Fires are getting bigger and often deadlier.
It's hard to process yesterday's deaths of 19 firefighters in Arizona. The tragedy is so stark an outlier that most states haven't seen that many deaths of firefighters due to wildfire in their combined histories. But there is one worrisome trend: fires are getting bigger and often deadlier.
The National Interagency Fire Center tracks wildfire incidents, scale, and damage for the United States. Included in that data is a list of firefighter fatalities through 2011, broken down by cause and county. No state has seen more firefighter deaths than California, which had 324 through that year. It is one of 11 states that has had more deaths than Arizona saw yesterday — with one of those states being Arizona. That largely tracks with this interesting map of fires by location. Most fires occur in the Southwest; many in California.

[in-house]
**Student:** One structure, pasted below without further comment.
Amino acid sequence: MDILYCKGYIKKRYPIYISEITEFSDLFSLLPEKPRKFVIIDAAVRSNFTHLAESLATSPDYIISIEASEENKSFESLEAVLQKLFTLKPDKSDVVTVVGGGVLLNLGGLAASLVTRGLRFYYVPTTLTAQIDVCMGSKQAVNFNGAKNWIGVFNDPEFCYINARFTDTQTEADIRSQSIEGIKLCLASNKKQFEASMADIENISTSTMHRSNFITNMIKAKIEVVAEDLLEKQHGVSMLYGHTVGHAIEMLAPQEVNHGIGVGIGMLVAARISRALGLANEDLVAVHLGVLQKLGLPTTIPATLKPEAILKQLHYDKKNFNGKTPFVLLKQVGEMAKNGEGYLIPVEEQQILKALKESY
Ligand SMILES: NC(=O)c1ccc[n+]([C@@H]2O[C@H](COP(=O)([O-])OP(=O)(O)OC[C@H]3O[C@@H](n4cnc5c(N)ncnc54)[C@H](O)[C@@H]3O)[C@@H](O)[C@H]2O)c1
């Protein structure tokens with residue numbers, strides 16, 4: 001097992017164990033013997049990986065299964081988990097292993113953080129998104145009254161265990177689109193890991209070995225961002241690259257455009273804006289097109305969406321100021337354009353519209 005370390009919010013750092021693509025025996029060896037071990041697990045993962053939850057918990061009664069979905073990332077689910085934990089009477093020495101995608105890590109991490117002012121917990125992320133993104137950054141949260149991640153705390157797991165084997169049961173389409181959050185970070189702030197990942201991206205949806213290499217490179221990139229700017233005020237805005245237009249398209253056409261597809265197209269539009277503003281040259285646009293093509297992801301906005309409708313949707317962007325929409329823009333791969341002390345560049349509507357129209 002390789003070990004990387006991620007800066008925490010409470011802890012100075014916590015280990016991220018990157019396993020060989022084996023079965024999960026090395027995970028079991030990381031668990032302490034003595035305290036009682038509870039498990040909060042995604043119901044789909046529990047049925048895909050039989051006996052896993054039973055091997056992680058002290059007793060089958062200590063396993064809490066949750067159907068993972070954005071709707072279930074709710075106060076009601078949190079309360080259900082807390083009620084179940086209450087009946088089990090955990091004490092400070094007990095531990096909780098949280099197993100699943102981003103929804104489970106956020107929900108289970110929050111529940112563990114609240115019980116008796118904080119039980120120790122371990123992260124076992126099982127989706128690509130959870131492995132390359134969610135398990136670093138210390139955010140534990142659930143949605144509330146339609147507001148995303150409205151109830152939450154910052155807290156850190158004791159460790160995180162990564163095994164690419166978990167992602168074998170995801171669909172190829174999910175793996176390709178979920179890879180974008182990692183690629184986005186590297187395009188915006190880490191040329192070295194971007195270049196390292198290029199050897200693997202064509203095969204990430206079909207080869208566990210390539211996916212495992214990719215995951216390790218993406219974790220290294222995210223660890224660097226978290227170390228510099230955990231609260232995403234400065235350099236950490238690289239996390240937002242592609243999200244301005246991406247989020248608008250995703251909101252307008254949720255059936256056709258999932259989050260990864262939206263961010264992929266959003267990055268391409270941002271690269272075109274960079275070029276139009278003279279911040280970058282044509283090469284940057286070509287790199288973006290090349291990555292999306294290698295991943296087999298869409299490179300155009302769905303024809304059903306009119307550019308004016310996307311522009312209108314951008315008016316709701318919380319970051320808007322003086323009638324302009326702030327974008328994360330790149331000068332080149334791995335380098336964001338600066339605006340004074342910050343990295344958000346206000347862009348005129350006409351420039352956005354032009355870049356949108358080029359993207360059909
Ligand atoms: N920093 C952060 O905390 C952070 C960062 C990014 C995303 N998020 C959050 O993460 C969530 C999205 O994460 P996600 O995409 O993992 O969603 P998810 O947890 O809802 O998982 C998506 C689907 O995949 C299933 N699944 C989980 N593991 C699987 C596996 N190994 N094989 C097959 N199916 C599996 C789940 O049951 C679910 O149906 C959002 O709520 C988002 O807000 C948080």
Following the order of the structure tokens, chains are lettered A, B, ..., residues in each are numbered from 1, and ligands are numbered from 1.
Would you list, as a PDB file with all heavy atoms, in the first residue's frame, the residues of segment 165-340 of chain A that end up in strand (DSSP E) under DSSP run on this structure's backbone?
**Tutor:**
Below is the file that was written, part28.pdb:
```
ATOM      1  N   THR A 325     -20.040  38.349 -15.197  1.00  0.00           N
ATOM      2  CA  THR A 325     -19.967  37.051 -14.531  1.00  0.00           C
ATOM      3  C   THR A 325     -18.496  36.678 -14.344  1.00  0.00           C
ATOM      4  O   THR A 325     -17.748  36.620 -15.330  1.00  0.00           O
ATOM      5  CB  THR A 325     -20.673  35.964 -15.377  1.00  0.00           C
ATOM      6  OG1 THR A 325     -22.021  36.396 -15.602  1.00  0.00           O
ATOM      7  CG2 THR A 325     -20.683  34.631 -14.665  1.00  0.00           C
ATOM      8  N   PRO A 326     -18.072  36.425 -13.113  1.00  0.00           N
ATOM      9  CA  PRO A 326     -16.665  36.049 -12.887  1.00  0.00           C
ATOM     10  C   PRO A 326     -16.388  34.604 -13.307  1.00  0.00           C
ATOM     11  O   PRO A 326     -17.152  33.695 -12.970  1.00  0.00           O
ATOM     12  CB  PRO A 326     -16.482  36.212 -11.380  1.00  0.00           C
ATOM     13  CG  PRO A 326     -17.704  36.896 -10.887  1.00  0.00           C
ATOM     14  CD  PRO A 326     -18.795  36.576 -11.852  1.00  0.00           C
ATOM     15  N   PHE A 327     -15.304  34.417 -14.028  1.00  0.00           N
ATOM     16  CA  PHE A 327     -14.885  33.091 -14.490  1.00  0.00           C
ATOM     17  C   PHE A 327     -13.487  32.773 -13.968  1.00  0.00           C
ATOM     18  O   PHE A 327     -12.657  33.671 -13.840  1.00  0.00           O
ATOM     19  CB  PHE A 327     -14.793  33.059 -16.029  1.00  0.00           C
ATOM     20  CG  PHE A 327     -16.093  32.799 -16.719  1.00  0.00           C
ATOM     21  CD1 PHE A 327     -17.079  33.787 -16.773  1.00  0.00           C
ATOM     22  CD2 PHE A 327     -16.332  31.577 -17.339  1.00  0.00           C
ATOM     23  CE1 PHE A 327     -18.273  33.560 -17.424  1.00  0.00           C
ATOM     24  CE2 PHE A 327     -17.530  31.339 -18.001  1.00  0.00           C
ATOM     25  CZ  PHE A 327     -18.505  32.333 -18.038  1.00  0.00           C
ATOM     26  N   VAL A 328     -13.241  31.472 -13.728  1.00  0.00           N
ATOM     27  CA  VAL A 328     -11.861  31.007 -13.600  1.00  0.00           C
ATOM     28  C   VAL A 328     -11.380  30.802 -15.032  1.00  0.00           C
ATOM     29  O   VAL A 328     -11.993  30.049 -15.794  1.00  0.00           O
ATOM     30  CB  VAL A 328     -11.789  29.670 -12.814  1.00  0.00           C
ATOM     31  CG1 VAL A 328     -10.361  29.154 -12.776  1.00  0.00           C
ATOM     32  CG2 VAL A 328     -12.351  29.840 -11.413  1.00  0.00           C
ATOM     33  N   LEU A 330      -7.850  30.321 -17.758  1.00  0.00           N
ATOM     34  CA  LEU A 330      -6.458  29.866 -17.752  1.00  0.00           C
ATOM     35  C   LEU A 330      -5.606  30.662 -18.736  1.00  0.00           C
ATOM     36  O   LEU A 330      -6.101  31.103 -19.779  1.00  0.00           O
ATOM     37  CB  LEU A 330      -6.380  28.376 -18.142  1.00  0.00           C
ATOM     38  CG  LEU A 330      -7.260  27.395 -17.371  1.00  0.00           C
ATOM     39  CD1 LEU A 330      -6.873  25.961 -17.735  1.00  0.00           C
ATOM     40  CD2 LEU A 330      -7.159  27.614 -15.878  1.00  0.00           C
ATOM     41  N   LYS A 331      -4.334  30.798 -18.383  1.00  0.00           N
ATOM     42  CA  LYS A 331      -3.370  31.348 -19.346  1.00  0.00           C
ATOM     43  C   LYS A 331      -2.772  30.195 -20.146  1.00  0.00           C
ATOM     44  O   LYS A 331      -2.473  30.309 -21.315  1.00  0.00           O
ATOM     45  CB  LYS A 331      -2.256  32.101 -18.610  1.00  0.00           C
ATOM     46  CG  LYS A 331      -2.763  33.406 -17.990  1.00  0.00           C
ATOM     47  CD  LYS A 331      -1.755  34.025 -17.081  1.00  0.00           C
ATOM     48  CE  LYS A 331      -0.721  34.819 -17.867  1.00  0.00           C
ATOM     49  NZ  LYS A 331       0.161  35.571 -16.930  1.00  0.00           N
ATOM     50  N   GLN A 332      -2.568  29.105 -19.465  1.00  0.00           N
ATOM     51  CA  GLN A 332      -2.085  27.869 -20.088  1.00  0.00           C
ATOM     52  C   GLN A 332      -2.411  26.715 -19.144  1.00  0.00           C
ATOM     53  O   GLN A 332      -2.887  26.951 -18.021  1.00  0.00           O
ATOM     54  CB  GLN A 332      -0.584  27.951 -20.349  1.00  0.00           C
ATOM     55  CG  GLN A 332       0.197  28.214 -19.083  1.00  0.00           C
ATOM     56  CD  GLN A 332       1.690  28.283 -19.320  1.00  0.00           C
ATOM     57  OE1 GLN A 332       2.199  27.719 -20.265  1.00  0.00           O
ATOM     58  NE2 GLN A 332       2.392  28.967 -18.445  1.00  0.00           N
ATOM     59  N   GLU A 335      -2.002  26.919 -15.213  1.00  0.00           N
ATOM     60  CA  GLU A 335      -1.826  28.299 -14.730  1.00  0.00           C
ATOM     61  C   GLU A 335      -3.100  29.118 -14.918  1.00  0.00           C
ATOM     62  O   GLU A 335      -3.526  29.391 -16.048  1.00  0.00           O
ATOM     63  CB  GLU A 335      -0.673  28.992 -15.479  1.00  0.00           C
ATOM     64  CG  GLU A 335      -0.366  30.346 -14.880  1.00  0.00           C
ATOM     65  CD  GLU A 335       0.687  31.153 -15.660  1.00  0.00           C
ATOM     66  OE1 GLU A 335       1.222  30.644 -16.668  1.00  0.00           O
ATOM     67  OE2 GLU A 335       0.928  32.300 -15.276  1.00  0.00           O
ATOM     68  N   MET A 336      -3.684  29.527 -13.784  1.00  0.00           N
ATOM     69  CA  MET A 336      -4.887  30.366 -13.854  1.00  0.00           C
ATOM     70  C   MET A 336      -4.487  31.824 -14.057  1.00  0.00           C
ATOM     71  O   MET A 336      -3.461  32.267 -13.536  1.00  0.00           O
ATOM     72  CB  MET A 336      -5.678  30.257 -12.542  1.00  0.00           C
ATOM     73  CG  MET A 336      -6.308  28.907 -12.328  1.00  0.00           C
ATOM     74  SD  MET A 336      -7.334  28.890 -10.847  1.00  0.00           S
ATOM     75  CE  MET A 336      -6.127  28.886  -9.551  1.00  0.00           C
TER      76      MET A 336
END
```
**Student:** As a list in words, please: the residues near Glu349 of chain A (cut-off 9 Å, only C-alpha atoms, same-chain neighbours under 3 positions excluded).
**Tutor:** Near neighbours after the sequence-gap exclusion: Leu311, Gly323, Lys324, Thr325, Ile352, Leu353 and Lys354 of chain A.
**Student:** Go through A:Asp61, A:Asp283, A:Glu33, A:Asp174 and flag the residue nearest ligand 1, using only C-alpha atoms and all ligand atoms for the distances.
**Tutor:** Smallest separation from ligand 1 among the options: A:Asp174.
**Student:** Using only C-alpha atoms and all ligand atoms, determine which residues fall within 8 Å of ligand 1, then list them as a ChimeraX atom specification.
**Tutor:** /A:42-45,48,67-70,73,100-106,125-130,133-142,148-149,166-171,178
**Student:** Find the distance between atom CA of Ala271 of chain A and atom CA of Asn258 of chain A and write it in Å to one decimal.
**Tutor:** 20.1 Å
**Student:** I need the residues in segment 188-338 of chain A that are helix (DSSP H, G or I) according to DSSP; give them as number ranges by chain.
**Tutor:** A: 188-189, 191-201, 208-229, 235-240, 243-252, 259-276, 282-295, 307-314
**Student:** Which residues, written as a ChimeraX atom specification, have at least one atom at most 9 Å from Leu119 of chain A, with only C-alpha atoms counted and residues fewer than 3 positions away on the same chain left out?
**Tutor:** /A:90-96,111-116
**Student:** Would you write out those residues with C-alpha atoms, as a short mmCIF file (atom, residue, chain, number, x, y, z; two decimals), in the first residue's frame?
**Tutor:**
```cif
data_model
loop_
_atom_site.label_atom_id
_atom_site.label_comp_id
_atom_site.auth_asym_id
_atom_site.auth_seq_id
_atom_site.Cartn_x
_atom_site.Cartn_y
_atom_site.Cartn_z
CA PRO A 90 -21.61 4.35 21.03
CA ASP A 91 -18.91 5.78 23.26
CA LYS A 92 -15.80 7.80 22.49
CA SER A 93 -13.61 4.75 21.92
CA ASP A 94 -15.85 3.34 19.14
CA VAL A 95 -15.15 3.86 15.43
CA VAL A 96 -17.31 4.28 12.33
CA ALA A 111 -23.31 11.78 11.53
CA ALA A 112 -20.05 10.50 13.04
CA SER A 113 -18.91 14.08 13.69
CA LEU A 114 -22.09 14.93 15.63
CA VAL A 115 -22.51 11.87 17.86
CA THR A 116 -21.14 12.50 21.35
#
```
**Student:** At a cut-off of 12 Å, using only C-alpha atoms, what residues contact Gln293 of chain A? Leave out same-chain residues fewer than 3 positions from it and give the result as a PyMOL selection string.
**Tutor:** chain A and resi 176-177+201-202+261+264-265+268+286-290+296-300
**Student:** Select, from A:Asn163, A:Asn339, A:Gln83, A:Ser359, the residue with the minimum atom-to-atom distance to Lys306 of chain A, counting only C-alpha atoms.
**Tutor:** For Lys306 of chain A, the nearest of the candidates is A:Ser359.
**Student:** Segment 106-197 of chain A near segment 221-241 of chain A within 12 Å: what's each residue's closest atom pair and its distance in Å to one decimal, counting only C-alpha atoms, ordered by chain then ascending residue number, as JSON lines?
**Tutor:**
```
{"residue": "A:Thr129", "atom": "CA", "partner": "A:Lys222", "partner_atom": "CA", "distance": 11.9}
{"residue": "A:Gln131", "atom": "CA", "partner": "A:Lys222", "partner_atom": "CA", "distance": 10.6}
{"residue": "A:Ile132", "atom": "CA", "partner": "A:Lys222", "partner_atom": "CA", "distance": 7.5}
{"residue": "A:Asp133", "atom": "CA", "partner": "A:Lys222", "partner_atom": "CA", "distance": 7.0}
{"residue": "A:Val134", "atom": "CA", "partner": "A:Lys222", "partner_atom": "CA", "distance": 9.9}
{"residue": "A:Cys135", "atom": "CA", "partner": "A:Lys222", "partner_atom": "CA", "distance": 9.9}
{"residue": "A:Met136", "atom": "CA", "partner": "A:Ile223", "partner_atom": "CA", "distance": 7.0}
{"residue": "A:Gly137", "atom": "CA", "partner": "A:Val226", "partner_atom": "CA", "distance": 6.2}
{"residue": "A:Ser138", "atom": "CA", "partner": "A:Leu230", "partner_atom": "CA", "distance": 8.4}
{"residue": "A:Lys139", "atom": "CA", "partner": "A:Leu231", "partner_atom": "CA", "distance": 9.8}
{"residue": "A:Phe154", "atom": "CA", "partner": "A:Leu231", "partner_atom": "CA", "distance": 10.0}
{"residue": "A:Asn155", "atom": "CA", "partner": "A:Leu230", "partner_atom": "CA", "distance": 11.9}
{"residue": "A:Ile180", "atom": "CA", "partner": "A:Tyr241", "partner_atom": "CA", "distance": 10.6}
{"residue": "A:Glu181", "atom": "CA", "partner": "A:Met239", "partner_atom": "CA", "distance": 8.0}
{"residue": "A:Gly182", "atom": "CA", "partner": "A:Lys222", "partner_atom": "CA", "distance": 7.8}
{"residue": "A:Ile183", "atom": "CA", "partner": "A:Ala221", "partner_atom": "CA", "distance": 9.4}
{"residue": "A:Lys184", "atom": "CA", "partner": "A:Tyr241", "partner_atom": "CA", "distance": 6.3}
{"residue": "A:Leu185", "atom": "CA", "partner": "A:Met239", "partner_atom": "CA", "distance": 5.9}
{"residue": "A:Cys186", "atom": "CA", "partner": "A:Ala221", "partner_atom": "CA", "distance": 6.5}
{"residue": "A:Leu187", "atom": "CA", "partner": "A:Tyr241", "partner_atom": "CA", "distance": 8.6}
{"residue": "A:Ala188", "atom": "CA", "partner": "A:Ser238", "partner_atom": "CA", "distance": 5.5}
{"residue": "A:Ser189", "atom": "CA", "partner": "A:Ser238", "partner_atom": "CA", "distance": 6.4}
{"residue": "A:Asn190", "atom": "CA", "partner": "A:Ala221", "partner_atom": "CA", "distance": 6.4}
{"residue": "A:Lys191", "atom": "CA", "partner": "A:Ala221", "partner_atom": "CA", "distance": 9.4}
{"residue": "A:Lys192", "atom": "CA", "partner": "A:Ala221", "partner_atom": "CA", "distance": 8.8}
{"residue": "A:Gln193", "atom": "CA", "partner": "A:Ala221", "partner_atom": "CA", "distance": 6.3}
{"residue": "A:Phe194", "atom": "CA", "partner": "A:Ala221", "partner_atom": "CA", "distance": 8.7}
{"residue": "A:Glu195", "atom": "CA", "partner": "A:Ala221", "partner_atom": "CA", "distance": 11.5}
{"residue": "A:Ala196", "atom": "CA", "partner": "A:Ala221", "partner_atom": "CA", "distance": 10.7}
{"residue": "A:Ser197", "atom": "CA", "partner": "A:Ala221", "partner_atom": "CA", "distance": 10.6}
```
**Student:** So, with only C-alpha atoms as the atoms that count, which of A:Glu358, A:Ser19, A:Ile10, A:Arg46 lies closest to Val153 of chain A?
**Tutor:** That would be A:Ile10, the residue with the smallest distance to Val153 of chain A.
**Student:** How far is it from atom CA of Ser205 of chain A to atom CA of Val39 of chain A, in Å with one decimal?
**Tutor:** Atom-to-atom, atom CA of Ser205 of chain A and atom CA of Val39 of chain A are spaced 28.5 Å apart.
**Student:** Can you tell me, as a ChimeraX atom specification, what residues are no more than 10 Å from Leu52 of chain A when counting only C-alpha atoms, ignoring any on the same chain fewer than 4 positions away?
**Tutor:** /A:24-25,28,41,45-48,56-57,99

Over time, the number of firefighter deaths has been consistently low. Only two incidents on the NIFC's list were more deadly than yesterday's: a 1910 fire in Idaho and a 1933 blaze in Los Angeles. (This is only wildfires, of course. September 11th was the deadliest day for firefighters overall, and total firefighter deaths are declining.) But, as the graph below shows, there's been a slight uptick in deaths per year over the past few decades: